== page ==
All she wants to do is, all she wants to do is…

I’d like you to meet Gabi.

Gabi is the daughter of one of my friends and former employee, Debbie.  In March of 2011 I received a phone call from Debbie hysterically explaining that after a very routine MRI to see if Gabi had broken her leg from an ice skating fall, a tumor had been discovered.  The word “cancer” rang through the phone.  I have tried to mentally bleach the memory I have of that phone call, of Debbie’s voice, so panicked, so terrified, so shocked.  It is unable to be erased, it is too vivid for the brain to release.

A facebook post from her father, Andy, with the simple phrase,

“Dear God, please heal my child,”

brought us all to our knees.

Gabi was quickly diagnosed with Osteosarcoma.  She began treatments in what seemed like seconds.  The little beauty that you see in the above picture entered treatment like a warrior.  Her hair fell out, she became weak, she ended up in the hospital on more than one occasion simply because the treatment aimed to cure her disease was also weakening her body’s good cells.

Our town rallied around her.  Not simply in a few cards and well wishes.  They geared up with the full armor of protection for this child.  Through prayer requests,  charity runs and dinners, gifts that filled their home and monetary donations, they wrapped their arms around Gabi and her entire family and looked the cancer in the eye fearlessly.  Enveloped is the only word that can describe what happened to this family when they were embraced by our community.   They live just down the street from me and it was hard not to imagine actual arms embracing their home whenever I drove past.  It was a beautiful reminder in this age of electronic communication that people still function from the heart.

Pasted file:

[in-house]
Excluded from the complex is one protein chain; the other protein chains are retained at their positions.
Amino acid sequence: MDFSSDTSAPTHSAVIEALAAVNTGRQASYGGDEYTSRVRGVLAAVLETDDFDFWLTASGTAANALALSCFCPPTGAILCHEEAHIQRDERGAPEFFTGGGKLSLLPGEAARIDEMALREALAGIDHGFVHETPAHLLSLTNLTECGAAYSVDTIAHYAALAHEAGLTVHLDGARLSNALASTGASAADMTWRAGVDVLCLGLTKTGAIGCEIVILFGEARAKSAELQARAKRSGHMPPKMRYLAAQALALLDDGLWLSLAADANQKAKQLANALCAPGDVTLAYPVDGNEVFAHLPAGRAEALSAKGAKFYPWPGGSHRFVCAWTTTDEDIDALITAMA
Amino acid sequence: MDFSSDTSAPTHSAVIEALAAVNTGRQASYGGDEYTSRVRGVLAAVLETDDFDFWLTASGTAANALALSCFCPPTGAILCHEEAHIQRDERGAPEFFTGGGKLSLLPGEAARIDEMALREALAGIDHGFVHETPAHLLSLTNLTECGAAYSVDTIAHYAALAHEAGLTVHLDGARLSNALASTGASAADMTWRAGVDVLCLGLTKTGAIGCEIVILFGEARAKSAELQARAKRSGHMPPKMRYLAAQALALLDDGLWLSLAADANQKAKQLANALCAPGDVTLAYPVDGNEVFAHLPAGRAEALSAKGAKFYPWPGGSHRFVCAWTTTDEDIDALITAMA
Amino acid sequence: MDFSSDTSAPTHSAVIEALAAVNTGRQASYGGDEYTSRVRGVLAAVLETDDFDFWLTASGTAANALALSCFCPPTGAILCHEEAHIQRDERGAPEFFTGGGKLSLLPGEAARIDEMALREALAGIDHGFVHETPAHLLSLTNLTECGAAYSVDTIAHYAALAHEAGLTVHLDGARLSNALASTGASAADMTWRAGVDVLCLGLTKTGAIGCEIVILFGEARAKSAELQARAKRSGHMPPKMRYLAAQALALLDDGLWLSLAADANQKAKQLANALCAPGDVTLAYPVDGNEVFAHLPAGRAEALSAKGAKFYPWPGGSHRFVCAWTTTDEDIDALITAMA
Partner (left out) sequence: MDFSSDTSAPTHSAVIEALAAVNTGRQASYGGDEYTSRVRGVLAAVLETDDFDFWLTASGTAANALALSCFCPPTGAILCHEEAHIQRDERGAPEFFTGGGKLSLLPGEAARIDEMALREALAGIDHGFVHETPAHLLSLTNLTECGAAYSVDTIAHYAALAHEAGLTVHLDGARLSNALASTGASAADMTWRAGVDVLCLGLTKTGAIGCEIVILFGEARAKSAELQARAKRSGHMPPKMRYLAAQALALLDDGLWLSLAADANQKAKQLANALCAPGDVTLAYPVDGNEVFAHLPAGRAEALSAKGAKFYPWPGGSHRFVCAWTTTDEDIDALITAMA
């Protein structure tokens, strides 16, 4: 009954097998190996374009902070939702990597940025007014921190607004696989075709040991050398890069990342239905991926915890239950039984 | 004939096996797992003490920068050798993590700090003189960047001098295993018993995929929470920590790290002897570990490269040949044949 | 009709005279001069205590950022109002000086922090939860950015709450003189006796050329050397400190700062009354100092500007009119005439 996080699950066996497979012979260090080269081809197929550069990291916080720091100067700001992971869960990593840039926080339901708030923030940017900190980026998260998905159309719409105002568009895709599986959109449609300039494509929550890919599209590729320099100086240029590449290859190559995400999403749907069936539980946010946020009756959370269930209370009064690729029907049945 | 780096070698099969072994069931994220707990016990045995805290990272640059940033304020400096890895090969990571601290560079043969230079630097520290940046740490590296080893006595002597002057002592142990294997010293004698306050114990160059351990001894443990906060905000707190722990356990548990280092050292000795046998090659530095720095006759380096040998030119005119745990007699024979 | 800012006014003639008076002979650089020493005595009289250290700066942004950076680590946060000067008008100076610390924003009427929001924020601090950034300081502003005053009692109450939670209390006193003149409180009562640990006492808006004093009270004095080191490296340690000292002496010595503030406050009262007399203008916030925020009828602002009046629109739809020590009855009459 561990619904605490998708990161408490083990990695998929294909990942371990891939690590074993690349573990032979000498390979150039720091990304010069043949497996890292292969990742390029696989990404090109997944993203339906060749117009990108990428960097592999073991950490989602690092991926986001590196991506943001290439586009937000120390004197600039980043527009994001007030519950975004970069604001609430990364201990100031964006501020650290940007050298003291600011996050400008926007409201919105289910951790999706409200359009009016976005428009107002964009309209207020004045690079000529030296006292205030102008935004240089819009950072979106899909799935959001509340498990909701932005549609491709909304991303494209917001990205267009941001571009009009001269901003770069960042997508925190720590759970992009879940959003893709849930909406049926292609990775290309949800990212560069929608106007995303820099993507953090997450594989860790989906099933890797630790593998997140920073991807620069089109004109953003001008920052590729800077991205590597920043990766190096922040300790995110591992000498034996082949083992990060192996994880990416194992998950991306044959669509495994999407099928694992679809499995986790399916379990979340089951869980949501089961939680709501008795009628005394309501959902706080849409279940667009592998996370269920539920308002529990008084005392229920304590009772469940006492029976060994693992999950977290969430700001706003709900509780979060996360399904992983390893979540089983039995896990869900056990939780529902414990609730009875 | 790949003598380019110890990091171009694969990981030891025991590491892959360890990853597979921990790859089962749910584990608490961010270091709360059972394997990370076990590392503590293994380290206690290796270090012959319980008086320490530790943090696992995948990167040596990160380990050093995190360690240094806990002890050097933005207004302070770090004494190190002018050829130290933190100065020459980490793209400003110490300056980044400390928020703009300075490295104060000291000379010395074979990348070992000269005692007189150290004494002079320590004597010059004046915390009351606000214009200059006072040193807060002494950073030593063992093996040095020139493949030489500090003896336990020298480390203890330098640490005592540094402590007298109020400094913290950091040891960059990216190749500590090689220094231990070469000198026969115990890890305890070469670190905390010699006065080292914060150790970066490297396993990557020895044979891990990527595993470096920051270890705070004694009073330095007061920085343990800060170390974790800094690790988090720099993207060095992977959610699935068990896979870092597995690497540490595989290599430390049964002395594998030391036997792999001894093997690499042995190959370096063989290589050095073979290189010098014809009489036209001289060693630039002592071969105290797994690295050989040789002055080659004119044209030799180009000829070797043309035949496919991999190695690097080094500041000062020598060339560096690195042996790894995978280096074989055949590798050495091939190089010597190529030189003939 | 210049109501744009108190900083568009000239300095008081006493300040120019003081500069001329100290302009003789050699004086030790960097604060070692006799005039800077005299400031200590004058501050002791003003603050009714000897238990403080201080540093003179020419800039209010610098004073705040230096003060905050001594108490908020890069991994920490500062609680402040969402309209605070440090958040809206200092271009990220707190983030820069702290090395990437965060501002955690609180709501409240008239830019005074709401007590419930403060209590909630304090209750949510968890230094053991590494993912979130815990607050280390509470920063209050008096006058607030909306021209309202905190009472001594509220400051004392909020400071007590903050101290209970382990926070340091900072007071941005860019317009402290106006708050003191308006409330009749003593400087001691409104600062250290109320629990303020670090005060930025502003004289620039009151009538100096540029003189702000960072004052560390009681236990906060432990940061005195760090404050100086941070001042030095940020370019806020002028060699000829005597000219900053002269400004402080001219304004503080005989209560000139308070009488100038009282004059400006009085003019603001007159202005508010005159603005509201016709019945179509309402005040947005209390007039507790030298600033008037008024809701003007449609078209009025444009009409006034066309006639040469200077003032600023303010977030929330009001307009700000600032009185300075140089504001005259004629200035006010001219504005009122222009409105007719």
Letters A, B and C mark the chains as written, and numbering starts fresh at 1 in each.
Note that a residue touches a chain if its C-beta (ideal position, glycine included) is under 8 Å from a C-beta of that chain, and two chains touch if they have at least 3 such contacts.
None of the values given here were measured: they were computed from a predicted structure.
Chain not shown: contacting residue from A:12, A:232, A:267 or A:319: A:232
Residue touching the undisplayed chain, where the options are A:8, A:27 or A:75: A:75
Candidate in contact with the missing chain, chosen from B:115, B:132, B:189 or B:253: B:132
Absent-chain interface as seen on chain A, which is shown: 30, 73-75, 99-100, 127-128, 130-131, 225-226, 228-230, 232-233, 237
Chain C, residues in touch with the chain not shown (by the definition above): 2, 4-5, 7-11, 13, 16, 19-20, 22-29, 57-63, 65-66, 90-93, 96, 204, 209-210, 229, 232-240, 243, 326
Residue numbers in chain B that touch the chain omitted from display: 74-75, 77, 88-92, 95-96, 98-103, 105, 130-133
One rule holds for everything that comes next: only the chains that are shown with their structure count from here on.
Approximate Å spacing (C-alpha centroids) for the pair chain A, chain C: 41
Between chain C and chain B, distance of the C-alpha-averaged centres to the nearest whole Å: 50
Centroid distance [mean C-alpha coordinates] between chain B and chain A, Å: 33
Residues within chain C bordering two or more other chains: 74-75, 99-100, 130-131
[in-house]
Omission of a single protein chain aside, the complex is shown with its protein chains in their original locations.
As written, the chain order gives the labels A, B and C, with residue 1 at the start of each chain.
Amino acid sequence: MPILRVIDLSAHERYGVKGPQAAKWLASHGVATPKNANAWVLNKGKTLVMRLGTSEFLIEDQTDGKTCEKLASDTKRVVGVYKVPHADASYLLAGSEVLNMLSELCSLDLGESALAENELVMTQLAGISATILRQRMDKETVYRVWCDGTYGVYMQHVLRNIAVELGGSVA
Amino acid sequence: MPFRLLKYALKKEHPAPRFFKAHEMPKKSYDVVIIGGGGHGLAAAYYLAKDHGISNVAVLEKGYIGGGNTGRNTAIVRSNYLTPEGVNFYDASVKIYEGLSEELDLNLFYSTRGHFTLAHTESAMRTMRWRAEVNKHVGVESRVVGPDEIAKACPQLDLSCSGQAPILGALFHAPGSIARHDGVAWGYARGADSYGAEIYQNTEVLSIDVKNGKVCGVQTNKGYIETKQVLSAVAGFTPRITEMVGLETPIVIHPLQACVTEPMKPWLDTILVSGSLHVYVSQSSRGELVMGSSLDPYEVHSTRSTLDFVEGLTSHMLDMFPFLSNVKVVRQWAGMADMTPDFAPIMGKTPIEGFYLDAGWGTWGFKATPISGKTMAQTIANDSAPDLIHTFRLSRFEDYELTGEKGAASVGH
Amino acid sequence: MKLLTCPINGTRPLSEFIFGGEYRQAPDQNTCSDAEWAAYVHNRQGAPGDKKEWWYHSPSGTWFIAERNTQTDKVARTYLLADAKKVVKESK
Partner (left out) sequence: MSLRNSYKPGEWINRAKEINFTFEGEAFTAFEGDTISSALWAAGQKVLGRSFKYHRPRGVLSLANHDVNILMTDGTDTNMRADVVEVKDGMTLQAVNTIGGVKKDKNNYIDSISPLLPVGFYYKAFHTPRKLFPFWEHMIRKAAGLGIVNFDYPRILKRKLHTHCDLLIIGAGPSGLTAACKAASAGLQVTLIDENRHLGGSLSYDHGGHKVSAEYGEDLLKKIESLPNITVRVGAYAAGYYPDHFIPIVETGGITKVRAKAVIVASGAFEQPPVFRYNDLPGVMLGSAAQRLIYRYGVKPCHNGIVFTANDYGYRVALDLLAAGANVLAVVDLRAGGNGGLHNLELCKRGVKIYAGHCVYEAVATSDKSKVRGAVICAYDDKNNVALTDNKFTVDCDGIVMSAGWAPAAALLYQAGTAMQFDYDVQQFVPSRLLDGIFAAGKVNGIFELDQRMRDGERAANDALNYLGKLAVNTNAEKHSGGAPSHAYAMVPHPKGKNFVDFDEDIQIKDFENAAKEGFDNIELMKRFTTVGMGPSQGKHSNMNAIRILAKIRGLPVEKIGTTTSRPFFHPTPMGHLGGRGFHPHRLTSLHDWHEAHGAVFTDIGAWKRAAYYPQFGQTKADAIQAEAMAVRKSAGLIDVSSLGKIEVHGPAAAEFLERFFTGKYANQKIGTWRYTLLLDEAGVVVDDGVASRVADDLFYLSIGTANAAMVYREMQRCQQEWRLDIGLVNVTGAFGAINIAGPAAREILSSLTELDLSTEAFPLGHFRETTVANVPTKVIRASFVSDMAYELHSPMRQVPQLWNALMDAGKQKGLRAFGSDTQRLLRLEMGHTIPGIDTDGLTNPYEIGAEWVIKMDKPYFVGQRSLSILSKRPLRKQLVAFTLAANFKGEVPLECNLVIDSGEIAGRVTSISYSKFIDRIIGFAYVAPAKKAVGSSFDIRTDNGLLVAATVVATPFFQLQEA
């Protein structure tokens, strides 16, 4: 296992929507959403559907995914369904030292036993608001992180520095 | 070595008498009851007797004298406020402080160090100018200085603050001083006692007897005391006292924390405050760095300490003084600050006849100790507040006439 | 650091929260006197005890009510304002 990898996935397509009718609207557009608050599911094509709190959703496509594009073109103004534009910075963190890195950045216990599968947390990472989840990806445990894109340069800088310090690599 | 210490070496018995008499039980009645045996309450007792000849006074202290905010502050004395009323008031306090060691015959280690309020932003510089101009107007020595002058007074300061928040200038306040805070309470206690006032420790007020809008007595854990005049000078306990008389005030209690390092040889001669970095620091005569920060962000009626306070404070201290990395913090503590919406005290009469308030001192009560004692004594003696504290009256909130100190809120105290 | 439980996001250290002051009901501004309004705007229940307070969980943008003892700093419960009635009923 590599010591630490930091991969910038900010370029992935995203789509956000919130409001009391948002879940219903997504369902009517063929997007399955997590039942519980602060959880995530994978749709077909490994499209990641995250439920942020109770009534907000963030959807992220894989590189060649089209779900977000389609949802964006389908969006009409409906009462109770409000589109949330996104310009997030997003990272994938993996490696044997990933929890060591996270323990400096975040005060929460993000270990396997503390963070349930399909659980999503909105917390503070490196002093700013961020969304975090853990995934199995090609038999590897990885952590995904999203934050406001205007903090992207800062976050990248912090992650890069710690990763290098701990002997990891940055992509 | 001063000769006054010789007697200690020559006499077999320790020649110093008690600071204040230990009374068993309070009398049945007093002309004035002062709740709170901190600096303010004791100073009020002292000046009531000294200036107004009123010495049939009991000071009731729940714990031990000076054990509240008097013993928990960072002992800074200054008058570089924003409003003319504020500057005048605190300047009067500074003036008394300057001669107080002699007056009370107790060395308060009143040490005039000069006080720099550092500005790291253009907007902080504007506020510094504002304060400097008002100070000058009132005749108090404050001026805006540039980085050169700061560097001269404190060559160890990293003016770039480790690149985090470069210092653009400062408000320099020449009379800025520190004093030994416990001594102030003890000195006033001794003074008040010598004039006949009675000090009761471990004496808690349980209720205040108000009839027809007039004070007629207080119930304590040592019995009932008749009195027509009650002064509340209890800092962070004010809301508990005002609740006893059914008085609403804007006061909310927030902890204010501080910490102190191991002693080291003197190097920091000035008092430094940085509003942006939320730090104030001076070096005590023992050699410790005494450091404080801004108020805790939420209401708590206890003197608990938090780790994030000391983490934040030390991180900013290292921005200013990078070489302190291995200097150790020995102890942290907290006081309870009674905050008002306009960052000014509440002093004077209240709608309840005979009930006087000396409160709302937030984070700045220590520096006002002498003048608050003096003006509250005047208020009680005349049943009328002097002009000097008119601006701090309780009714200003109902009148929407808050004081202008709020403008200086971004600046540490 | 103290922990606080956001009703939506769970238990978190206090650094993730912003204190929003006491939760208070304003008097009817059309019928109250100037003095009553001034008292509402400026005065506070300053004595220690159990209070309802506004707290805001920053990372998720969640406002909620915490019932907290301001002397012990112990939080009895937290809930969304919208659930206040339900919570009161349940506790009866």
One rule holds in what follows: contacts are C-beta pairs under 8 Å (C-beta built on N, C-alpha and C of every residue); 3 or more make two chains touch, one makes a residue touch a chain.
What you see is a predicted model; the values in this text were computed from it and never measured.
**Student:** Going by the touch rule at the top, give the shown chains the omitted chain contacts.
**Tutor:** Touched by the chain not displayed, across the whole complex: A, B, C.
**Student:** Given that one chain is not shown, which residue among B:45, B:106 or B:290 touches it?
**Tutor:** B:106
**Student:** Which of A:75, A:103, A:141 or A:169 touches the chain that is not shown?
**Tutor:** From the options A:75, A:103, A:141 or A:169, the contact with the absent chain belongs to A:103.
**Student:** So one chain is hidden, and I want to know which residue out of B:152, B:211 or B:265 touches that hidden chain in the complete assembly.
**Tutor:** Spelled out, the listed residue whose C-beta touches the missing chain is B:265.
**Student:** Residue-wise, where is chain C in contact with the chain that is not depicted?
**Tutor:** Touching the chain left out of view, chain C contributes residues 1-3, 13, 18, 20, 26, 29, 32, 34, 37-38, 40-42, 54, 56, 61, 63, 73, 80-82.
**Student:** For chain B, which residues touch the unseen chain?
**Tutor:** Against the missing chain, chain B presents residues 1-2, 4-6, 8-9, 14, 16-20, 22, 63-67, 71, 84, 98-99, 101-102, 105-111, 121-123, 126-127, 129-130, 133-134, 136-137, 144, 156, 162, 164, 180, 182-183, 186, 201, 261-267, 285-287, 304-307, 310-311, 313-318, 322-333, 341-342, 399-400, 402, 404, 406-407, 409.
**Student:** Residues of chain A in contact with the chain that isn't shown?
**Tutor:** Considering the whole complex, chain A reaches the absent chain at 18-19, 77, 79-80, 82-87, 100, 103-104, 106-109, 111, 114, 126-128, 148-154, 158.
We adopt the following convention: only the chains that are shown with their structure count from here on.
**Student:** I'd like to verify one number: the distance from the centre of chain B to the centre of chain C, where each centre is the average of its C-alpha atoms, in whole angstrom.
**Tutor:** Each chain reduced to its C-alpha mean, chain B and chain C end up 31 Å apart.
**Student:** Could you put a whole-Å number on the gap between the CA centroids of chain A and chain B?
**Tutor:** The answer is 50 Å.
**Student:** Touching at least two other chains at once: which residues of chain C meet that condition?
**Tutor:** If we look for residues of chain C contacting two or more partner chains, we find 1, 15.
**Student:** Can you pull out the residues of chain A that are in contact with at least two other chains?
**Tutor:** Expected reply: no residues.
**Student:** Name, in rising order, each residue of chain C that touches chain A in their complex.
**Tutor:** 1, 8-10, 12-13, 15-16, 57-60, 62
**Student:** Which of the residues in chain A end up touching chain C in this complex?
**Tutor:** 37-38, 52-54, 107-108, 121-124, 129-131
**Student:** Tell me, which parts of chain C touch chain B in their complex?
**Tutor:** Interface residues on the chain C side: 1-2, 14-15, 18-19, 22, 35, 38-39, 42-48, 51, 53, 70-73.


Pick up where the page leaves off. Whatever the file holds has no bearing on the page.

Treatments continued and the difficult decision was made to proceed with a relatively new and radical surgery called a Rotationplasty.  It is too complex to describe here but below is an amazing video from The Mayo Clinic that describes it wonderfully.  It is one of those procedures that makes you gasp in amazement at someone’s ability to look at the human body and see how it could be used differently.  I challenge anyone to watch this video and not be overwhelmed with the medical brilliance.

To make this decision, Debbie did what Debbie does.  She poured into the research.  She called families, she talked to doctors and prosthetics specialists and she read…and she read…and she read.  In true Debbie-style, not a stone was unturned.  If she was making a decision that, in simplicity, involved amputating her child’s leg, she wouldn’t do it blindly…or even slightly blurry.  It would be with full clarity and knowledge and they, as a family, wouldn’t look back.  Full steam ahead.

Now, meet Gabi’s sisters in this family pic from last Christmas…Maria, Ally, and Christina.

They, along with Gabi, are a “dance family.”  They have danced since the time they started walking.  They dance beautifully, all with different styles but all with amazing talent.   What would happen to Gabi’s dancing future after her surgery?  No one knew, but saving her life, of course, came first.

In fact,  I remember talking to Debbie at the dress rehersals for the 2011 Centerstage Dance Recital.  She stated that the goal was to have Gabi dancing again for the 2013 recital.  2013…

After the life-altering surgery, Gabi went full force into rehabilitation to learn to function with her “new normal.” It was difficult and exhausting and frustrating but she never quit.  Walking comes before dancing, so walk she would…

Climb one mountain and see another, right?  What does Gabi do?  She keeps climbing.  Here she is, dancing on stage for the first time since her diagnosis.  2013…nope.  She went ahead and sped that goal up to 2012….and she was magnificent.

Thank you, dear Gabi, for reminding us all of the true meaning of perseverance. 

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